Here I think is our most fundamental disagreement. I think this statement assumes something like "the death of Christ is effectual"-which is the very question in debate, and so the cross (the death of Christ) itself does not make application "beyond question." Indeed, that is the question. I reject the notion that the death of Christ is the "power" that draws the elect. It is rather the calling of God based on his gracious choice that draws them. The death of Christ provides the necessary grounds for forgiveness, but it is not the forgiveness itself. If it were, and if particular redemption were true, then I do not see how the proponent of that view could escape the theological ramifications that lead to positing eternal justification. On that view, Christ died; he died only for the elect; his death is effectual and he accomplished perfect redemption on the cross. Therefore, all the elect have already been forgiven, and there is no need for belief as the means of justification. On what basis could it be otherwise?...
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Christ's Atoning Work: Intent, Extent, Union, Substitution, Ordo Salutis (Part II)
01/20/2005 - James White
I continue with the second part of my response to Dr. Eric Svendsen comprising our discussion on the extent and intention of the atoning work of our Lord and Savior, Jesus Christ.
2) Other than the issue of the unity of the work of sacrifice and intercession, the issue of substitution and union with Christ seems the most important difference in our views. I believe I am presenting a "normal" view of the ordo salutis when I say that we were chosen "in Christ" before time itself began, and that while once again we experience union with Christ as time-bound creatures, our experience cannot be allowed to determine the divine reality and order. I believe Christ took my place, substitutionarily, upon the cross of Calvary purposefully, intentionally, out of redemptive love, bearing in Himself the penalty of my sin. And I do not believe He substitutionarily, purposefully, intentionally, out of redemptive love, bore in Himself the penalty due to the sin of Pharoah. If substitution is merely time-bound and does not contain the eternal aspect most Reformed writers have always affirmed, then at the time of Calvary Christ's death was only substitutionary for those who had died or at that time believed in Christ; it would then become substitutionary in behalf of individuals as they believe on Him through time, though what this would mean I honestly cannot begin to say. As far as I can see, either the elect were united with Christ in His death en toto, or the entire idea of substitution becomes irrelevant. I believe the reality of our election in Christ makes our union with Christ a divine reality even before our temporal existence (as noted above: the eternal determines the form of the temporal, not vice-versa, though we as time-bound creatures, looking from "below," struggle to see this, and hence must allow the Word to be the lens through which we see this tremendous truth) and birth, so that in a very real sense the elect were, in fact, "crucified with Christ." I honestly do not see how, if union with Christ is made parallel to justification and placed in the temporal realm, that the idea of substitution can be made tenable. ...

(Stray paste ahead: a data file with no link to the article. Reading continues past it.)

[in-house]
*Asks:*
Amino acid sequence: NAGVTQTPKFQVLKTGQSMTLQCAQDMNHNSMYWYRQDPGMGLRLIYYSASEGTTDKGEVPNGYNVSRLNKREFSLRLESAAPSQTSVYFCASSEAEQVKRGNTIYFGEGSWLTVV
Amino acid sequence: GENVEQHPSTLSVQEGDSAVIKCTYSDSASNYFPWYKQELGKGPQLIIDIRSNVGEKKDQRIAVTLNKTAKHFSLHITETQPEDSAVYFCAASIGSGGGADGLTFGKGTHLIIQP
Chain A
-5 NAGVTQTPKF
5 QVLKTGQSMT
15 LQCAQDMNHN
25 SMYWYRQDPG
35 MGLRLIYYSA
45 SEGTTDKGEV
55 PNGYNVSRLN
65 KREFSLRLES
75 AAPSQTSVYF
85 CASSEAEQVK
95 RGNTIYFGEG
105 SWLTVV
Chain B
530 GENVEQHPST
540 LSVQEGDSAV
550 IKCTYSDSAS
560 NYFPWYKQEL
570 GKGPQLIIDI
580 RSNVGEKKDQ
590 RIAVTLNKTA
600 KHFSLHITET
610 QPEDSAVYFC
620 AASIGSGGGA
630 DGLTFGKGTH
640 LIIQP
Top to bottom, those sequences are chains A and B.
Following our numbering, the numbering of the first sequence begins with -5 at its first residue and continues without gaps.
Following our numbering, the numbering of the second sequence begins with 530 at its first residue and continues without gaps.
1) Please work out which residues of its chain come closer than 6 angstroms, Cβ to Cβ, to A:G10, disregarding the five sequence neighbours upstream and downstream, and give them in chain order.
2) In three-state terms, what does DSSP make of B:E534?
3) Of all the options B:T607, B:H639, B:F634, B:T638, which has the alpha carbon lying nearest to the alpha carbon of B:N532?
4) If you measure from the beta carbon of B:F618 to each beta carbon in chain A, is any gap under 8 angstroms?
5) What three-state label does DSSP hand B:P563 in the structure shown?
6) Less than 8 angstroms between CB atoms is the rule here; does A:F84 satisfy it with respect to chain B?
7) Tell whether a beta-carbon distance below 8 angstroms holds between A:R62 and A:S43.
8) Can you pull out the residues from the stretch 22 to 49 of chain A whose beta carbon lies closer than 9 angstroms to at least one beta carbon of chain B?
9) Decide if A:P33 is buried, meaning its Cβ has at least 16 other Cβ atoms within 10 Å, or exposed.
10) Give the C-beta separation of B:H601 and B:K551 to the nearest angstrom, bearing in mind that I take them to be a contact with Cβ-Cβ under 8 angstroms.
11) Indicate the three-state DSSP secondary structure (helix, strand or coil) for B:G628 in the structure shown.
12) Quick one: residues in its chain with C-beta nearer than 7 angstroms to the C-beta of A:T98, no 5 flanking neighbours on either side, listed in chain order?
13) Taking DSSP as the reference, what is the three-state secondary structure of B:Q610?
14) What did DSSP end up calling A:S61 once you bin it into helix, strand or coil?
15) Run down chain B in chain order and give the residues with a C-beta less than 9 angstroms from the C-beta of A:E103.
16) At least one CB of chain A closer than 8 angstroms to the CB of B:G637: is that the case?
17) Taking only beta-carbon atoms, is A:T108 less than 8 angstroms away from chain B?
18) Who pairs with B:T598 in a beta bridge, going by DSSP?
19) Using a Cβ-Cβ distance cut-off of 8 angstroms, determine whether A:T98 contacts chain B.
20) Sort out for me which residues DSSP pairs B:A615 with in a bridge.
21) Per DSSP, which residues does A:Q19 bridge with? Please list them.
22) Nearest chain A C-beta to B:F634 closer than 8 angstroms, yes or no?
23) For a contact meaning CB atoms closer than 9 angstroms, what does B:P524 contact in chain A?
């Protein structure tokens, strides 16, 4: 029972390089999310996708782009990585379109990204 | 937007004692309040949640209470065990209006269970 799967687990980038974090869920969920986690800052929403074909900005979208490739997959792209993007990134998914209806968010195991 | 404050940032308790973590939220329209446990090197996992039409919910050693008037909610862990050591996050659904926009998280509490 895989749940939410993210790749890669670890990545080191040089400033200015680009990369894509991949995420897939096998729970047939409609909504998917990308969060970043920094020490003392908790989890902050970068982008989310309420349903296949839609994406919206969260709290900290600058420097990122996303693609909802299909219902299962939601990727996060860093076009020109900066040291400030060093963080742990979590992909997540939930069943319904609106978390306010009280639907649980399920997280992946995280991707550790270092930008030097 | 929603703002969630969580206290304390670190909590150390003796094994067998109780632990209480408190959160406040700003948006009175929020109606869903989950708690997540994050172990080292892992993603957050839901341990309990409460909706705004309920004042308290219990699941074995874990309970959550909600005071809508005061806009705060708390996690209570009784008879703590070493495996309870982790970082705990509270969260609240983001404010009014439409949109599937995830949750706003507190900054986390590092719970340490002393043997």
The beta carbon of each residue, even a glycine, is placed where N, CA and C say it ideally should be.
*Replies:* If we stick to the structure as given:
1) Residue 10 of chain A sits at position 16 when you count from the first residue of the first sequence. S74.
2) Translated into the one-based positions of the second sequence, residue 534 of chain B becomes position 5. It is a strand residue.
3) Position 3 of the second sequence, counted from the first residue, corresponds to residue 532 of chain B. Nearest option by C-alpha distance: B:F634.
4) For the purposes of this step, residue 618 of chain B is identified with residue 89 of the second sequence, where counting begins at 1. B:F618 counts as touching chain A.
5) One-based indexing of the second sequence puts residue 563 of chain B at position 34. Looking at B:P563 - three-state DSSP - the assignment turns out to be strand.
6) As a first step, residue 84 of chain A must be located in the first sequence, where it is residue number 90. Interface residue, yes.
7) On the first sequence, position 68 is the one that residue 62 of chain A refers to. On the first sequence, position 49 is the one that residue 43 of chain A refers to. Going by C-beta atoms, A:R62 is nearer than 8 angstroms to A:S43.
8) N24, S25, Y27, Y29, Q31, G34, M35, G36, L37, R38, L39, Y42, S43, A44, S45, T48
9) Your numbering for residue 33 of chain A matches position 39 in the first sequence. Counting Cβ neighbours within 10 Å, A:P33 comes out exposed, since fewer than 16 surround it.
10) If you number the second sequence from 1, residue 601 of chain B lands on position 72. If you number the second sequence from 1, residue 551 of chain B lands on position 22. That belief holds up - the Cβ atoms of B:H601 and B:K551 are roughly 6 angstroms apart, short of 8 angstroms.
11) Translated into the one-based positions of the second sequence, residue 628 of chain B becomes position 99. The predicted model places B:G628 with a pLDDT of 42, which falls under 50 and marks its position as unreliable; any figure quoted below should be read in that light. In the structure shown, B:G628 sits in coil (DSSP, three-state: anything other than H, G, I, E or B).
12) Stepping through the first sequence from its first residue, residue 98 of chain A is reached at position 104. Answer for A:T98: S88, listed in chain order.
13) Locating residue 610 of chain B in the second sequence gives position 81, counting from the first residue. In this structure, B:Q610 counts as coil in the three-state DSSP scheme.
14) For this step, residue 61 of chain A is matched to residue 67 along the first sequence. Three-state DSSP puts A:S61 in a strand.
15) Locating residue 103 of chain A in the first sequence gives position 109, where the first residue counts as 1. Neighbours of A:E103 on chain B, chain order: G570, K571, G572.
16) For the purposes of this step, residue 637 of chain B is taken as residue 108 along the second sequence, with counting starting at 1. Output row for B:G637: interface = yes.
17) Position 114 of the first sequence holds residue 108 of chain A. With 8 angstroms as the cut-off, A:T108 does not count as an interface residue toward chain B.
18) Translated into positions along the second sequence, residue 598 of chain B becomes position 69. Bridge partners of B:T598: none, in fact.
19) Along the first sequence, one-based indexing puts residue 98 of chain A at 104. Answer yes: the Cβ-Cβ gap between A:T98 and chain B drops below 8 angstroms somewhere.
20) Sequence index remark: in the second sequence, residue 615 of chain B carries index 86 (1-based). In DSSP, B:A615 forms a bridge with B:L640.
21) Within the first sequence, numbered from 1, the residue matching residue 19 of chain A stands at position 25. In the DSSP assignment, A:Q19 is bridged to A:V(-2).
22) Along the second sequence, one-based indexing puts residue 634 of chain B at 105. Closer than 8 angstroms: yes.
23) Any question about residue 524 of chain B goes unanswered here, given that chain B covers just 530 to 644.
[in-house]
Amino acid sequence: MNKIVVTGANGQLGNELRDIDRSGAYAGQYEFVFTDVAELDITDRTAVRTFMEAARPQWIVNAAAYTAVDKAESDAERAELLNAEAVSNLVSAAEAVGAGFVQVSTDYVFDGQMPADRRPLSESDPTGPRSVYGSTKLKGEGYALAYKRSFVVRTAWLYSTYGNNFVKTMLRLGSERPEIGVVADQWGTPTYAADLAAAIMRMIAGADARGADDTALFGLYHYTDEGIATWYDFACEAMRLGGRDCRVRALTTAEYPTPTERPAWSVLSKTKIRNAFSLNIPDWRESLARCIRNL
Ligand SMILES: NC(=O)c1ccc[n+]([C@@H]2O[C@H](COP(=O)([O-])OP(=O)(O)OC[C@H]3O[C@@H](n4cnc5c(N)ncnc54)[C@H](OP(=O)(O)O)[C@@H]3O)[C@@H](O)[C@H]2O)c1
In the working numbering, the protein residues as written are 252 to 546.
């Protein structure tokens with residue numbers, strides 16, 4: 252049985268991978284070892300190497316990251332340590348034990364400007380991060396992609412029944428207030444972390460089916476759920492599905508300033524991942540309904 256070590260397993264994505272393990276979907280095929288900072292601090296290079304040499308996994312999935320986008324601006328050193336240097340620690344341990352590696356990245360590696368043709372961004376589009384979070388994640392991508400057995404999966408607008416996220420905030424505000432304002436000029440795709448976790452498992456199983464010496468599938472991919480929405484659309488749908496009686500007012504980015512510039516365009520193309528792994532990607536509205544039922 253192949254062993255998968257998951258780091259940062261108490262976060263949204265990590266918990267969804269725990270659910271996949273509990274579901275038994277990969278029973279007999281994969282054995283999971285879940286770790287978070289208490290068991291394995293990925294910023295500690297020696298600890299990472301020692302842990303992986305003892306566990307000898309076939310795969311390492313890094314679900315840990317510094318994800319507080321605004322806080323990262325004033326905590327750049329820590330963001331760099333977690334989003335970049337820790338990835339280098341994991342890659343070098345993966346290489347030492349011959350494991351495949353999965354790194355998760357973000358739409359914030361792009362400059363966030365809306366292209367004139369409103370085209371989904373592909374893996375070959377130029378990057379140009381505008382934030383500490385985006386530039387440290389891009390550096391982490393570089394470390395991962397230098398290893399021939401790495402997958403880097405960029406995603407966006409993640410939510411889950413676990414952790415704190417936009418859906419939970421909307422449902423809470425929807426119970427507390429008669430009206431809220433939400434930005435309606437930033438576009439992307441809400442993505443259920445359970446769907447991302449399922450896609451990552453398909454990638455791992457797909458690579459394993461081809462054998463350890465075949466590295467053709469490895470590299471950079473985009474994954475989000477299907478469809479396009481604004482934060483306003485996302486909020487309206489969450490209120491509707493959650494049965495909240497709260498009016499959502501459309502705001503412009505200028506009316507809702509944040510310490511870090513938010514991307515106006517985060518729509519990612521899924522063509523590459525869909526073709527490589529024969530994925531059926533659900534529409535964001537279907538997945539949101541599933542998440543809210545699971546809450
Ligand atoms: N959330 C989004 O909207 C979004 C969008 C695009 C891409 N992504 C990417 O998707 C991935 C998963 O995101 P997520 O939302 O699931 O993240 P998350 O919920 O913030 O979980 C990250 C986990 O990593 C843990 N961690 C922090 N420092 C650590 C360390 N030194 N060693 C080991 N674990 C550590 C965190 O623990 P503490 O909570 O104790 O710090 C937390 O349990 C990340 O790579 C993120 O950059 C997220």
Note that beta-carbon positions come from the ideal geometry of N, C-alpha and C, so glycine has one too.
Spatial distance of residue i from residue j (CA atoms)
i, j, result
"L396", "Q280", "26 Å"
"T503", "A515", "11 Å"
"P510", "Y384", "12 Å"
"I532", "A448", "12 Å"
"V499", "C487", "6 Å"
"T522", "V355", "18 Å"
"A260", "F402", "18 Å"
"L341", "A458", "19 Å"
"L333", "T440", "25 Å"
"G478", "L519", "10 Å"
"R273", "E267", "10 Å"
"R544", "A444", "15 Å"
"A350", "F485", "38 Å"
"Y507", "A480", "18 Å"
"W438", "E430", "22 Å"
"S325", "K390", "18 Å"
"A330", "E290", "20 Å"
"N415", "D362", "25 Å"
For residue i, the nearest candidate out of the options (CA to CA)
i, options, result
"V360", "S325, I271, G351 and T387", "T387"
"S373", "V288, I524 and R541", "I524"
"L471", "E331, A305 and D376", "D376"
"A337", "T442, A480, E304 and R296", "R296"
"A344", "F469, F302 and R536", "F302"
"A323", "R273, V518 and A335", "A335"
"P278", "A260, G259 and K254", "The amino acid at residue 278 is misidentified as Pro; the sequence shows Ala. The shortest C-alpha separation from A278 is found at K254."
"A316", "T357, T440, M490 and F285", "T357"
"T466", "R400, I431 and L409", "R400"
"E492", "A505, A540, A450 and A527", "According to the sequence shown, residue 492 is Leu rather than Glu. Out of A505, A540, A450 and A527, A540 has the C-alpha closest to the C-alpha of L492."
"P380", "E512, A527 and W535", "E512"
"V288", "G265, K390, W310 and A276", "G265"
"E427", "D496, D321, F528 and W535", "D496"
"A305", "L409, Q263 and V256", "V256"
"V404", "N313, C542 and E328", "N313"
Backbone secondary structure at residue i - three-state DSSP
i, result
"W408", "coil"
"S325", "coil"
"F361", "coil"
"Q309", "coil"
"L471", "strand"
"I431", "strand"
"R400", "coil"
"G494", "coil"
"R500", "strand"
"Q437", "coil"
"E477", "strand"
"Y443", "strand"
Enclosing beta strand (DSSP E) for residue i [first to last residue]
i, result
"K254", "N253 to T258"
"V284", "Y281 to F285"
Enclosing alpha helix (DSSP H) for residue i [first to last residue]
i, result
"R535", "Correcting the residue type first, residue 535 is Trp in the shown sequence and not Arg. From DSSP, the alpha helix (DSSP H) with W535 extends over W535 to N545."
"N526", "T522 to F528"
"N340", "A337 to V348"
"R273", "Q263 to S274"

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Christ's Atoning Work: Intent, Extent, Union, Substitution, Ordo Salutis (Part I)
01/19/2005 - James WhiteBoth Eric Svendsen and I are very busy these days, and as I'm sure he will affirm, most of that busy-ness has nothing to do with Dave Armstrong. I have so many articles to write I can barely keep track of them all (in fact, I have this horrible feeling I've forgotten one), and an exciting book project to work on, and more traveling heading my direction, as well as debate preparation (we finally have a Roman Catholic opponent for the Great Debate X!---more info soon, and I am debating Bob Wilkin in April). So, I have approached our discussion very carefully, and very slowly, simply because there are only so many hours in the day.
Further, I really want this conversation to be beneficial in an encouraging, edifying way. The only folks really interested in this topic are very serious about the Word and God's truth. I could really care less what others might say about the interchange. To be honest, the vast majority of the folks Eric and I take on regularly would no more wish to get down into the trenches of biblical exegesis than they would like to have a root canal. They avoid it like the plague, and I'm not just talking about Roman Catholics here, that's for sure.
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The Heritage of God's People
01/01/2005 - James WhitePsalm 138:6-8
For though the LORD is exalted,
Yet He regards the lowly,
But the haughty He knows from afar.
Though I walk in the midst of trouble,
You will revive me;
You will stretch forth Your hand against the wrath of my enemies,
And Your right hand will save me.
The LORD will accomplish what concerns me;
Your lovingkindness, O LORD, is everlasting;
Do not forsake the works of Your hands.
Notice: "the haughty He knows from afar" = God is not close to the arrogant; the presence of God humbles.
"You will stretch forth Your hand against the wrath of my enemies" = our enemies will express their wrath, but God sees, and God acts
God's lovingkindness ds,x, is everlasting: chesed is the embodiment in Hebrew of grace, mercy, and faithfulness in Greek.
"Do not forsake the works of Your hands" = only the cry of the heart of the pot that accepts and rejoices in his or her createdness; it takes grace to see yourself as the work of God's hands.